The Synagogue-Federation Partnership

Spotlight on Shomrei Torah

Twenty years ago, Congregation Shomrei Torah in Santa Rosa was a small, part-time congregation of 150 families. They didn’t have a permanent space, holding services instead in a local Methodist church, and they had only just welcomed their first fulltime rabbi, Rabbi George Gittleman. Today, Shomrei Torah boasts a membership of 450 families and a beautiful building that was dedicated on April 29, 2007, after a tremendously successful fundraising campaign.

Shomrei Torah is one of numerous synagogues in the Bay Area to benefit from the Synagogue-Federation Partnership. Through this program, the Federation offers synagogues the opportunity to work with consultants on specific projects aimed toward their continued development.

Irv Rothenberg

As part of Shomrei Torah’s fundraising campaign for their building, their intention had been to set aside 10% as an endowment fund that would maintain the building throughout future years. Unfortunately, this initial intention was not realized. Irv Rothenberg, longtime board member and member of the Endowment Gifts and Giving committee, lamented the slow progress, “because the building has to be maintained somehow.” When the Federation developed their Synagogue-Federation Partnership, Irv said that Shomrei Torah realized that “this was exactly what we needed to create a separate endowment that would be there in perpetuity and would feed the general budget money every year to help maintain the building.” The Federation assigned Shomrei Torah a coach who trained the Endowment committee in how to develop a legacy-giving program.

"The Federation was extremely helpful in getting us started and focused on doing this,” added Irv. In the first year, the committee successfully recruited almost 20 families to participate in legacy giving. The second year, they reached almost 50, and by the end of the third year they were at almost 70 families. Irv emphasized that, “without the coaching I don’t think we ever would have established the program as successfully as we did.”

Rabbi George Gittleman

Following the success of this first coaching project, the Federation encouraged Shomrei Torah to take advantage of the Synagogue-Federation Partnership for other projects. Rabbi George Gittleman worked with the Federation to develop a project in which a coach would work with Shomrei Torah “to understand who we are when we’re at our best, and to cull from that some basic principles and create a values statement so that we could institutionalize the things that make us successful as a congregation.”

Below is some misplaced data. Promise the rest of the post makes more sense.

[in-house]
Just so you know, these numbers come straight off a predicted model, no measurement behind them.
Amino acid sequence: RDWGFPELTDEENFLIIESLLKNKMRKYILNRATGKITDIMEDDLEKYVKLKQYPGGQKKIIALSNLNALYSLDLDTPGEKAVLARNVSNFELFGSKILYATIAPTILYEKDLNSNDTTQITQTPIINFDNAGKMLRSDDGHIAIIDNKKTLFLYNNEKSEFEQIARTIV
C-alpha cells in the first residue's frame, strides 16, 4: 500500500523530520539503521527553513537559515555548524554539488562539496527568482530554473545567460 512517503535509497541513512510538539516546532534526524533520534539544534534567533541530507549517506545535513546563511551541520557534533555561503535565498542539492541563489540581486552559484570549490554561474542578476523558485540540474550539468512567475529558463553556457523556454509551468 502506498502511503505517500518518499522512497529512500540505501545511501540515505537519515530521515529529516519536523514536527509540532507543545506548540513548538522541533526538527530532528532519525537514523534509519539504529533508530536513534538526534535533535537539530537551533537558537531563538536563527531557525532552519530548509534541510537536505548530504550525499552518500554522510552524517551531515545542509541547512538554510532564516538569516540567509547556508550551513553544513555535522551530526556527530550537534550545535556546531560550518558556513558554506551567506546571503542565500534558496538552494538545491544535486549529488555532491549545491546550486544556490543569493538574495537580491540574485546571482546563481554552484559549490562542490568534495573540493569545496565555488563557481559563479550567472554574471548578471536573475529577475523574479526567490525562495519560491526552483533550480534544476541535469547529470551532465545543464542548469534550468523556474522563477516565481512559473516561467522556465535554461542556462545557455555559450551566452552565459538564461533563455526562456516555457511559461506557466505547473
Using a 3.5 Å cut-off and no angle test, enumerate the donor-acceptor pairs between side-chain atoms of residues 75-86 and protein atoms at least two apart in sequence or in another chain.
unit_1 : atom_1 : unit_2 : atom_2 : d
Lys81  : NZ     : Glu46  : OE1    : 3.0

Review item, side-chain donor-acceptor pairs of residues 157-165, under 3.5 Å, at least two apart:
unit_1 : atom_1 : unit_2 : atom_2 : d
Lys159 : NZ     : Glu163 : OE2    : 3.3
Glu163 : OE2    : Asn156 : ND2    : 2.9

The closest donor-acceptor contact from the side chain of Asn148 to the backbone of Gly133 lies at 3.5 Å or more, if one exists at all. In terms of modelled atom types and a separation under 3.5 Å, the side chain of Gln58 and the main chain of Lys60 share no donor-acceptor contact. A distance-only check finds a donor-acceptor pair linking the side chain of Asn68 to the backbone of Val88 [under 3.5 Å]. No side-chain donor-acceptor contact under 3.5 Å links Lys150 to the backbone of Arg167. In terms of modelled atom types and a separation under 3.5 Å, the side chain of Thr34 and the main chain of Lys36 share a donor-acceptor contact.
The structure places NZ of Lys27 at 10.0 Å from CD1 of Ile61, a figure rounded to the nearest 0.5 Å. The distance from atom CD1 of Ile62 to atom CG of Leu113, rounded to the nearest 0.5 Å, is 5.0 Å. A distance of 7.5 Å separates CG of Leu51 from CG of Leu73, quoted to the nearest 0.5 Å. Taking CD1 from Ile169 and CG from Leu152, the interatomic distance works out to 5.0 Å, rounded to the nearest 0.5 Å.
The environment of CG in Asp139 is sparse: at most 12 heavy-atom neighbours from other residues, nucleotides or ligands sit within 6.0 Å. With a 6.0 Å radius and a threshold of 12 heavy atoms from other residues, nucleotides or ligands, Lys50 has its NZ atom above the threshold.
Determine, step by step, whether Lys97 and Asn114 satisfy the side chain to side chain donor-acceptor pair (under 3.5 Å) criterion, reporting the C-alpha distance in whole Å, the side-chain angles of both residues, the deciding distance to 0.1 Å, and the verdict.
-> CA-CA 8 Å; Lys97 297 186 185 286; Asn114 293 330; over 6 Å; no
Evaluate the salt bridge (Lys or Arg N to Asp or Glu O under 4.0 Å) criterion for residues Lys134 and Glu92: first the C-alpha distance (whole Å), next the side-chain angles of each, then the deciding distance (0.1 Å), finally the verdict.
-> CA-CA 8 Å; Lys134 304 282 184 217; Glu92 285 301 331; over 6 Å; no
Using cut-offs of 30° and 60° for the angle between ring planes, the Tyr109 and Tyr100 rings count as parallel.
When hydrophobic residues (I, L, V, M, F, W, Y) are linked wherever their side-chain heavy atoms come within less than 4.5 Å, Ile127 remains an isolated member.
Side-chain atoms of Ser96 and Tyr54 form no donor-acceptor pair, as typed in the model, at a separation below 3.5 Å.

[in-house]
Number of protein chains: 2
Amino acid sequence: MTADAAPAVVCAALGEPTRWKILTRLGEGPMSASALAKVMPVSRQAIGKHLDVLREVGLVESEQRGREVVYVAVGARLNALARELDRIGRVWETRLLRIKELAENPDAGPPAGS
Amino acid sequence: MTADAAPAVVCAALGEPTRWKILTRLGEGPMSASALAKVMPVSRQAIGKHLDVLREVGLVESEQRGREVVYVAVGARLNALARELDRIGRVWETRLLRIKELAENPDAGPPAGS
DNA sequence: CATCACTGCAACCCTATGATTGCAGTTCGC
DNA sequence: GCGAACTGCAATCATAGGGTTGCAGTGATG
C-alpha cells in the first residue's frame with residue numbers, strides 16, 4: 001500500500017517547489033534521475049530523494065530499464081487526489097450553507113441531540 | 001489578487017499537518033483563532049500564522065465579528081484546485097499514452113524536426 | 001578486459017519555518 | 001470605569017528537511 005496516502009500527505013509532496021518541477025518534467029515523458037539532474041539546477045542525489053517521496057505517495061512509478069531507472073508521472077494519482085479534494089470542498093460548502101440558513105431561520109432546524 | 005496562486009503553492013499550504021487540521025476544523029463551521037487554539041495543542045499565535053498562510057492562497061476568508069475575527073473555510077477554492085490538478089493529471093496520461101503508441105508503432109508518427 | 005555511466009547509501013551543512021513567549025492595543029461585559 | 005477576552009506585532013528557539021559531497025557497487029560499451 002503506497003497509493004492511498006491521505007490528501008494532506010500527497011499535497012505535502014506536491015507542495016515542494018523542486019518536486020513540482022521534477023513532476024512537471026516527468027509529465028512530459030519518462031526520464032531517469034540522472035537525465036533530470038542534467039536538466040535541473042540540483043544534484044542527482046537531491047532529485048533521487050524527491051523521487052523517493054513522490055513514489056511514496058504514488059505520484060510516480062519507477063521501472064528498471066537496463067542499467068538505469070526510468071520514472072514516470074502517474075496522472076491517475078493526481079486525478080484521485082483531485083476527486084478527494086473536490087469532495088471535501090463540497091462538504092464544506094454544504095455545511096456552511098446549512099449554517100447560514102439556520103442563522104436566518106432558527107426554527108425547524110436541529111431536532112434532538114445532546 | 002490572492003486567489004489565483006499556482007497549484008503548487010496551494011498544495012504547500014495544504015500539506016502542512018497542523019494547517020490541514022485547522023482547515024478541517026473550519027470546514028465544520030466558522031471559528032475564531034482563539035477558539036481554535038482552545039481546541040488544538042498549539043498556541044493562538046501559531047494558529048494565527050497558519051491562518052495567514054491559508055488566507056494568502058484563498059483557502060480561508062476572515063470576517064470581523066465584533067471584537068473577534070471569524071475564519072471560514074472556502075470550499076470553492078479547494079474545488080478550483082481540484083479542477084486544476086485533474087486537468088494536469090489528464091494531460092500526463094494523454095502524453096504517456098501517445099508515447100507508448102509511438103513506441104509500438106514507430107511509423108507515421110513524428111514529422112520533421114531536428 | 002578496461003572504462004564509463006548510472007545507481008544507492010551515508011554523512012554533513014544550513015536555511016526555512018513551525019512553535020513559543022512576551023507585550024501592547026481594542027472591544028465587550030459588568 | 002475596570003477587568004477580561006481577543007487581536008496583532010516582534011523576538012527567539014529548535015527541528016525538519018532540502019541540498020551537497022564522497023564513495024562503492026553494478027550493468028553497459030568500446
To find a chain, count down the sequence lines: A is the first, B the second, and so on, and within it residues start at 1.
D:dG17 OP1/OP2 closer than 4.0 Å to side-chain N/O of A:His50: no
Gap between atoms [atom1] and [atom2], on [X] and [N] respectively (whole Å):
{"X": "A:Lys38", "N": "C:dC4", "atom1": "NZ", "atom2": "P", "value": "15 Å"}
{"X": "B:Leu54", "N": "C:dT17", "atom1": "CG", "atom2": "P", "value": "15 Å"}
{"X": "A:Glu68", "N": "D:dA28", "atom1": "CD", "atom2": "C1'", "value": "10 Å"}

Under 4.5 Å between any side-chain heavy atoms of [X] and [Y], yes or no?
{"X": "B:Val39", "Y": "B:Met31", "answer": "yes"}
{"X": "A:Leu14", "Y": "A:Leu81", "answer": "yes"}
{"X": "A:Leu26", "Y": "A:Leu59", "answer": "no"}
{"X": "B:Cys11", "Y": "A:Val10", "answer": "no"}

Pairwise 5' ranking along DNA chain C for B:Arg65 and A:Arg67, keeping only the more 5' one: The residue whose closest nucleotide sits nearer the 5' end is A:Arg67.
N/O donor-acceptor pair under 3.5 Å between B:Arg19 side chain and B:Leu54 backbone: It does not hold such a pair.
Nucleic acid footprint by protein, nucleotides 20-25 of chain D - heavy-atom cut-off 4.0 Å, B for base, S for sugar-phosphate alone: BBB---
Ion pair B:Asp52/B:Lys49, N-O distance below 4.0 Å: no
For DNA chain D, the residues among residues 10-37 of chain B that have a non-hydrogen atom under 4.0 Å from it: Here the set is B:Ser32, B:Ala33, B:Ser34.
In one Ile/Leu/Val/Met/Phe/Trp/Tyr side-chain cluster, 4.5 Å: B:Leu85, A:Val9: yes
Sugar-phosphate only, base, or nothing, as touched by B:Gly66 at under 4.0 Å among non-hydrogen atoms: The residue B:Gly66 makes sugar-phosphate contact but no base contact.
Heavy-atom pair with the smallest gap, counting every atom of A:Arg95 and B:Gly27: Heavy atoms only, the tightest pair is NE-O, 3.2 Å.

The Federation connected Shomrei Torah with Beth Cousens, a consultant who works with synagogues and organizations on program development, facilitation and evaluation. Together, they organized four meetings with past and current leadership of the synagogue. Rabbi Gittleman recalled that, “Beth helped us figure out what we really were going to do. We planned four meetings together and she helped lead all four of them.”

Beth Cousens

Beth used various approaches in each of the four sessions. She explained that, “in one, we used a facilitation technique called ‘appreciative inquiry,’ which asks the question: when have you been at your best? So we were able to use ideas from that to answer the question: what’s really great about Shomrei Torah?”

Rabbi Gittleman reflected that, upon posing this question to the congregation, Shomrei Torah learned that “we are at our best when we connect one person to another, when we meaningfully touch someone during the life cycle, when we create positive change in the community through social justice work. But, mostly, the core is that we’re at our best when we’re connecting people to one another.”

Rabbi Gittleman added that, “Another area of success is that the congregation is not very hierarchical. People felt a sense of gratitude and fulfillment for the congregation when they were able to affect a program or take charge and make something happen in the congregation. That was a positive, as there are a number of program engines in the congregation and they function without a lot of supervision, but the downside of that is that they’re not connected to each other.”

With the information that came out of these sessions, Rabbi Gittleman said that Shomrei Torah is “now planning a series of community conversations just to connect people. We’re also planning a retreat in the spring where the leaders of all the committees will get together to talk about what they’re planning for the year ahead.”

As a result of the coaching offered through the Synagogue-Federation partnership, Rabbi Gittleman is confident that the way forward will be “a big shift for us.”

To learn more about the Synagogue-Federation Partnership, visit our website or contact Rabbi Marvin Goodman at or 415.512.2660.


November 15, 2015


Noa Silver